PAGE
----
What to do in NYC: A beginner’s guide
So, you’ve made the big decision — a vacation to New York City. But, what to do in NYC? How do you plan a vacation to New York City?
I know the feeling. For years, I said I’d never go to New York City, specifically the island of Manhattan, because it’s just so overwhelming. But when my son marched in the Macy’s Thanksgiving Day Parade, I overcame the fear and went. Of course, it helped to travel with the band as our itinerary was made for us.
But, if you’re traveling on your own — without a marching band — you’re back to “where do I begin?”
And that’s where this post comes in. It’s not your traditional “3 days in New York itinerary.” To be honest, there is no one size fits all in New York.
This post contains affiliate links from which I earn a small commission.
Instead, the goal of this post is to set your mind at ease — the city is NOT as huge as it might seem. These guidelines will help you know confidently what to do in NYC for a wonderful vacation tailored to your needs! (I will include a couple of my absolute favorite places, but you won’t hurt my feelings if you don’t go.)
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What to do in NYC: A beginner’s guide to New York
1. Understand the geography of New York City
New York City is made up of five “boroughs,” each of which has many neighborhoods. The boroughs are Manhattan, the Bronx, Queens, Brooklyn and Staten Island. Manhattan is the primary tourist destination, though. So, it’s understandable that people get confused by that whole thing. These maps highlight the five boroughs and the neighborhoods in each.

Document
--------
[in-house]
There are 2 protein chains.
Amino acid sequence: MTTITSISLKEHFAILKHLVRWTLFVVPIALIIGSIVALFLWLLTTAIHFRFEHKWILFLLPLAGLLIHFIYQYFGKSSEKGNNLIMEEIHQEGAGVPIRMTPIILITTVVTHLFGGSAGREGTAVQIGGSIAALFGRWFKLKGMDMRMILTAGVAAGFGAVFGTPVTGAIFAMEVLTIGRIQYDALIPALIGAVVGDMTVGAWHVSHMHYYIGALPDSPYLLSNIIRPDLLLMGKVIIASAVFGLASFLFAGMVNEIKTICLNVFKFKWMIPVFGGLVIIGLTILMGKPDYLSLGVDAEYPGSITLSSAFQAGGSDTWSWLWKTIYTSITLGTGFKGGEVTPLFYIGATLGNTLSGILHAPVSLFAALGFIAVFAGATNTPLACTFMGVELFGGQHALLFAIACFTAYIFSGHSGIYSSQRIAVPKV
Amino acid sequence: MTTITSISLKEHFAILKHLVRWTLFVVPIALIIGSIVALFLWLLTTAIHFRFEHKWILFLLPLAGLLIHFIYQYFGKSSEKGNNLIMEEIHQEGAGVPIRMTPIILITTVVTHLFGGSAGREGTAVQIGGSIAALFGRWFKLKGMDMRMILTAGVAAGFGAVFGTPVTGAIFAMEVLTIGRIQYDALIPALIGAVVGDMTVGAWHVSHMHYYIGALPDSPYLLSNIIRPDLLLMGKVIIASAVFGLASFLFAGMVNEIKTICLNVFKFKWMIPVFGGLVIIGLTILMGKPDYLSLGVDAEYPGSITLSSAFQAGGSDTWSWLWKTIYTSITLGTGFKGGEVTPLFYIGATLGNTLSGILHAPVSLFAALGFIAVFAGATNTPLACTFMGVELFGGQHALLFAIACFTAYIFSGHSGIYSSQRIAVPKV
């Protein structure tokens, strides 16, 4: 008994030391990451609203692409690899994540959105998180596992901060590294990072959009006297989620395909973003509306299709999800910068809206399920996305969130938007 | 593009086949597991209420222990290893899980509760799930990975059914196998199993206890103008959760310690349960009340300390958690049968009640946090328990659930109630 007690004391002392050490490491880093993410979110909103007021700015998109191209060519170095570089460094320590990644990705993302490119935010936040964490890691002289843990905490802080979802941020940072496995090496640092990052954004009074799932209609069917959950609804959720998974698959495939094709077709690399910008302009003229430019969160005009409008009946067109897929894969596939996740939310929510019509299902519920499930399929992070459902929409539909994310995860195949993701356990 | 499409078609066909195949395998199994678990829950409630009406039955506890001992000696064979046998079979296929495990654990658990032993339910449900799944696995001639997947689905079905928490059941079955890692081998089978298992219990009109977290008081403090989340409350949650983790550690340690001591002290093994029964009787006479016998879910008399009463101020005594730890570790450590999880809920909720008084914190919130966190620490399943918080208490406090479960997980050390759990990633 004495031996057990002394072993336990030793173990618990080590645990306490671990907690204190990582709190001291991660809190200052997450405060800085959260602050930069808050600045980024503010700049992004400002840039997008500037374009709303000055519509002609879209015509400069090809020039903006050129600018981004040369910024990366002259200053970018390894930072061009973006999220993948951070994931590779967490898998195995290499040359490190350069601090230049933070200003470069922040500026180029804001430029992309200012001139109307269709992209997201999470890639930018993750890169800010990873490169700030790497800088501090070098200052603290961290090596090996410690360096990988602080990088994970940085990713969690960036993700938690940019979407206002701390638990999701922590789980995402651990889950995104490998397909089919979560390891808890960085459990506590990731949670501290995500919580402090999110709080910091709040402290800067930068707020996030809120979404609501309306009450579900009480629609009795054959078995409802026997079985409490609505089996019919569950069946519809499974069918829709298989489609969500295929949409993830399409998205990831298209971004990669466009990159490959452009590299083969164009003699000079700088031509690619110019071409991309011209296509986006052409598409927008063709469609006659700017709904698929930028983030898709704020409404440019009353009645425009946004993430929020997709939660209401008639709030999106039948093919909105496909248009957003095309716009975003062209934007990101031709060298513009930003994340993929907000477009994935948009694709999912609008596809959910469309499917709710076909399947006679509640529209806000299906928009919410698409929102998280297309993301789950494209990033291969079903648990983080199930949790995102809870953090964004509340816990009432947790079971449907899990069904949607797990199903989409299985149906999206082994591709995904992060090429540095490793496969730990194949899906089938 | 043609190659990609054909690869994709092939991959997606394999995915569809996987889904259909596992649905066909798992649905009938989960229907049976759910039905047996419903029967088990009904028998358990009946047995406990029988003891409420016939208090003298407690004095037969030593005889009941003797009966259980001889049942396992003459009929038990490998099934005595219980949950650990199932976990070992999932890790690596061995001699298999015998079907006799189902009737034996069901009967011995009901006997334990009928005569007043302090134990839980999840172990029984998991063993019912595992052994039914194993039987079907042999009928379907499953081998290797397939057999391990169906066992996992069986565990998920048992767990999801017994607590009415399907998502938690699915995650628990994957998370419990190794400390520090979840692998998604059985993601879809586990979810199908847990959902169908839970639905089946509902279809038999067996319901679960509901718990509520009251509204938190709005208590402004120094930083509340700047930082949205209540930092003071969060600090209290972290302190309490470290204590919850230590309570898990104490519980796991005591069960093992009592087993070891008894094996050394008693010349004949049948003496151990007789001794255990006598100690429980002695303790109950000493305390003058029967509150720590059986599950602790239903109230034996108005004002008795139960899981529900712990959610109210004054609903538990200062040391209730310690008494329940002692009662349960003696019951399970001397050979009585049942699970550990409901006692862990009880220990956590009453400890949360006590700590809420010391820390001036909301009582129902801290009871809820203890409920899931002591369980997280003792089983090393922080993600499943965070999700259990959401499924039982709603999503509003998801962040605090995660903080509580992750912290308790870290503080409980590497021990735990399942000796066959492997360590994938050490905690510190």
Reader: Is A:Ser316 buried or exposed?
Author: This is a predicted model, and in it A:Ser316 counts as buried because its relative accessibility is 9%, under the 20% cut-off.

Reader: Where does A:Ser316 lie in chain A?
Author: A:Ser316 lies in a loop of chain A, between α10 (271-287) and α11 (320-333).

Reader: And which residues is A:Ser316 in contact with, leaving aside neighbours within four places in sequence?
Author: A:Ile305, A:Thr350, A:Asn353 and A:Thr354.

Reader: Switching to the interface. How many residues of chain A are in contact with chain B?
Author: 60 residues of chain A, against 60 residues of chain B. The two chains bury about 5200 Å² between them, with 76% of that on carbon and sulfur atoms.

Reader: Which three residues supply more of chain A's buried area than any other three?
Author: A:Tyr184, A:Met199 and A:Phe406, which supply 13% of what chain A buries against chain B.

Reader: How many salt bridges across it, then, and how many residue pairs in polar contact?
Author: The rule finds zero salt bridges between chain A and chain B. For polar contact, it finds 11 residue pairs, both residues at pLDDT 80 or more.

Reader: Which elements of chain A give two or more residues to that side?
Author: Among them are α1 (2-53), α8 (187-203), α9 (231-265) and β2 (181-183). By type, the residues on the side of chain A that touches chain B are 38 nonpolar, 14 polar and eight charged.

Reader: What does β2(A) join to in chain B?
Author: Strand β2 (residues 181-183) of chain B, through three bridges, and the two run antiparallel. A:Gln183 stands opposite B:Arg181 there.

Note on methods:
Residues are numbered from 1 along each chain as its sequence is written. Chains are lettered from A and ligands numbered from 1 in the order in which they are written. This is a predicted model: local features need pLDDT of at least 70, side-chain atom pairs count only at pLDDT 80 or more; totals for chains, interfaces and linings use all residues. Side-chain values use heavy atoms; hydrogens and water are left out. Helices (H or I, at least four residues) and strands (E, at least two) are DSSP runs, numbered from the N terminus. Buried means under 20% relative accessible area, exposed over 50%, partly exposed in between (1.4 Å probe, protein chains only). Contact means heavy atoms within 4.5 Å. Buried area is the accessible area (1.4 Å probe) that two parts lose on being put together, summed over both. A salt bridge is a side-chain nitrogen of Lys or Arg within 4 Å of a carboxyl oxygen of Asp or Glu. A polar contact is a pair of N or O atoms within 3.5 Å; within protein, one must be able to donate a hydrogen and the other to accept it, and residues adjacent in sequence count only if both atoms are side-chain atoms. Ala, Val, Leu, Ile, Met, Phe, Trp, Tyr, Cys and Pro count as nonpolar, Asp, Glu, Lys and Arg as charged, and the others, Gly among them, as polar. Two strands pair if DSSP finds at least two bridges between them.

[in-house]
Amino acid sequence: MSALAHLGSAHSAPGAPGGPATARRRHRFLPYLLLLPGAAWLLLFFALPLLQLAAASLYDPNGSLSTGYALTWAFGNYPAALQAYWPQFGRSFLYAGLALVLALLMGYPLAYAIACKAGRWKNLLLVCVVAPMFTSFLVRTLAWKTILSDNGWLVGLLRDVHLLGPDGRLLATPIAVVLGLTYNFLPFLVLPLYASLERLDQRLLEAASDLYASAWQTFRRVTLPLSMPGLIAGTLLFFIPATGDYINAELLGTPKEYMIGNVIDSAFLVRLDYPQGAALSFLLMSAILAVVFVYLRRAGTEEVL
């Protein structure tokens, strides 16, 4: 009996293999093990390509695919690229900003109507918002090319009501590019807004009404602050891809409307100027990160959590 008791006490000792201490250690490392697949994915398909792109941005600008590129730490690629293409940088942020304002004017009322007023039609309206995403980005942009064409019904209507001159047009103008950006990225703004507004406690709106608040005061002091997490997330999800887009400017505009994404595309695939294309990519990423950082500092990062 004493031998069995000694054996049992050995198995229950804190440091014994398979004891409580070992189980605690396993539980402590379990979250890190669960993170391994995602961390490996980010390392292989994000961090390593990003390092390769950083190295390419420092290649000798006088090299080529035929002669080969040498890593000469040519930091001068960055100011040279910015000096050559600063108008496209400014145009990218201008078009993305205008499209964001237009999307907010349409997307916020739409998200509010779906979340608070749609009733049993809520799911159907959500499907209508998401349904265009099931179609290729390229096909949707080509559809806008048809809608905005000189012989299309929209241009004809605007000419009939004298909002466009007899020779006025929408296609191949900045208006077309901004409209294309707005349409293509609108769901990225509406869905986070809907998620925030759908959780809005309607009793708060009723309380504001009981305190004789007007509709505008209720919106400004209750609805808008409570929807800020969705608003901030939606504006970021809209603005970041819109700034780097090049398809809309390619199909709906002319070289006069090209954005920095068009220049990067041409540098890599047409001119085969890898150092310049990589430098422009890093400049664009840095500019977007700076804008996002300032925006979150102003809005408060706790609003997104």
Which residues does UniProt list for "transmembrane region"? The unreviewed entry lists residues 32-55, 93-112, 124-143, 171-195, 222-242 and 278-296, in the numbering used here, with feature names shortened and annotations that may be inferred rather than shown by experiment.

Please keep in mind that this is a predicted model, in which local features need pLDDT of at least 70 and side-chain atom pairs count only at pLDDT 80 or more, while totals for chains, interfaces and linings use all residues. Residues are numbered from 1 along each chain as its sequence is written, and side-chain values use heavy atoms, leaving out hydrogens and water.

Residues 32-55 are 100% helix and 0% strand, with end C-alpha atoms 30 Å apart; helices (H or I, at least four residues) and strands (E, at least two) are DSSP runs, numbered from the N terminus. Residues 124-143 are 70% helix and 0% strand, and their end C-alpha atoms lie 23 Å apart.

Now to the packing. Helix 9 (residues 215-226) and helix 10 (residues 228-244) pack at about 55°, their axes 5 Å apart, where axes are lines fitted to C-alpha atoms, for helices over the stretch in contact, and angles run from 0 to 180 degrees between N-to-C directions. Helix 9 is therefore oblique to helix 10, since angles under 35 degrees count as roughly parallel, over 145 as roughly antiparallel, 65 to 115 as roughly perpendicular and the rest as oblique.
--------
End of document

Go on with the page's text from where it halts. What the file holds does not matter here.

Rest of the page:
When you’re considering what to do in NYC, it helps to know if you plan to focus on Manhattan or if you’ll visit the other boroughs too. If you’ll venture further out, then consider staying outside of Manhattan and using the subway to come into Manhattan for a day. On the other hand, if you plan to spend most of your time in Manhattan, stay in Manhattan.
2. Manhattan is not a giant theme park
I say that tongue in cheek, as I know people understand that Manhattan is not Disney World. However, locals might appreciate the reminder. New Yorkers living along the famous High Line Park have lost their sense of privacy as people take photos of them playing with their kids or stare through their living room windows.
In other blunders, tourists (me among them — sigh) have been known to step into the street to catch a photo — and cause a bit of a traffic jam, however momentary it might be.
So, visit the amazing landmarks. See Rockefeller Center, Grand Central Terminal (a great place for lunch), the 9/11 Memorial & Museum, and the Statue of Liberty (I recommend the Circle Line Harbor Lights Cruise).
• Read our 9/11 Memorial Visitor’s Guide for important planning tips •
Enjoy a slice (we recommend Joe’s Pizza which was recommended to us by a local. SO GOOD!). Treat yourself to a slice of cheesecake (Junior’s Cheesecake is a great choice — also tradition for many locals). Get some amazing food while walking along the High Line. Grab a hot dog from a street vendor.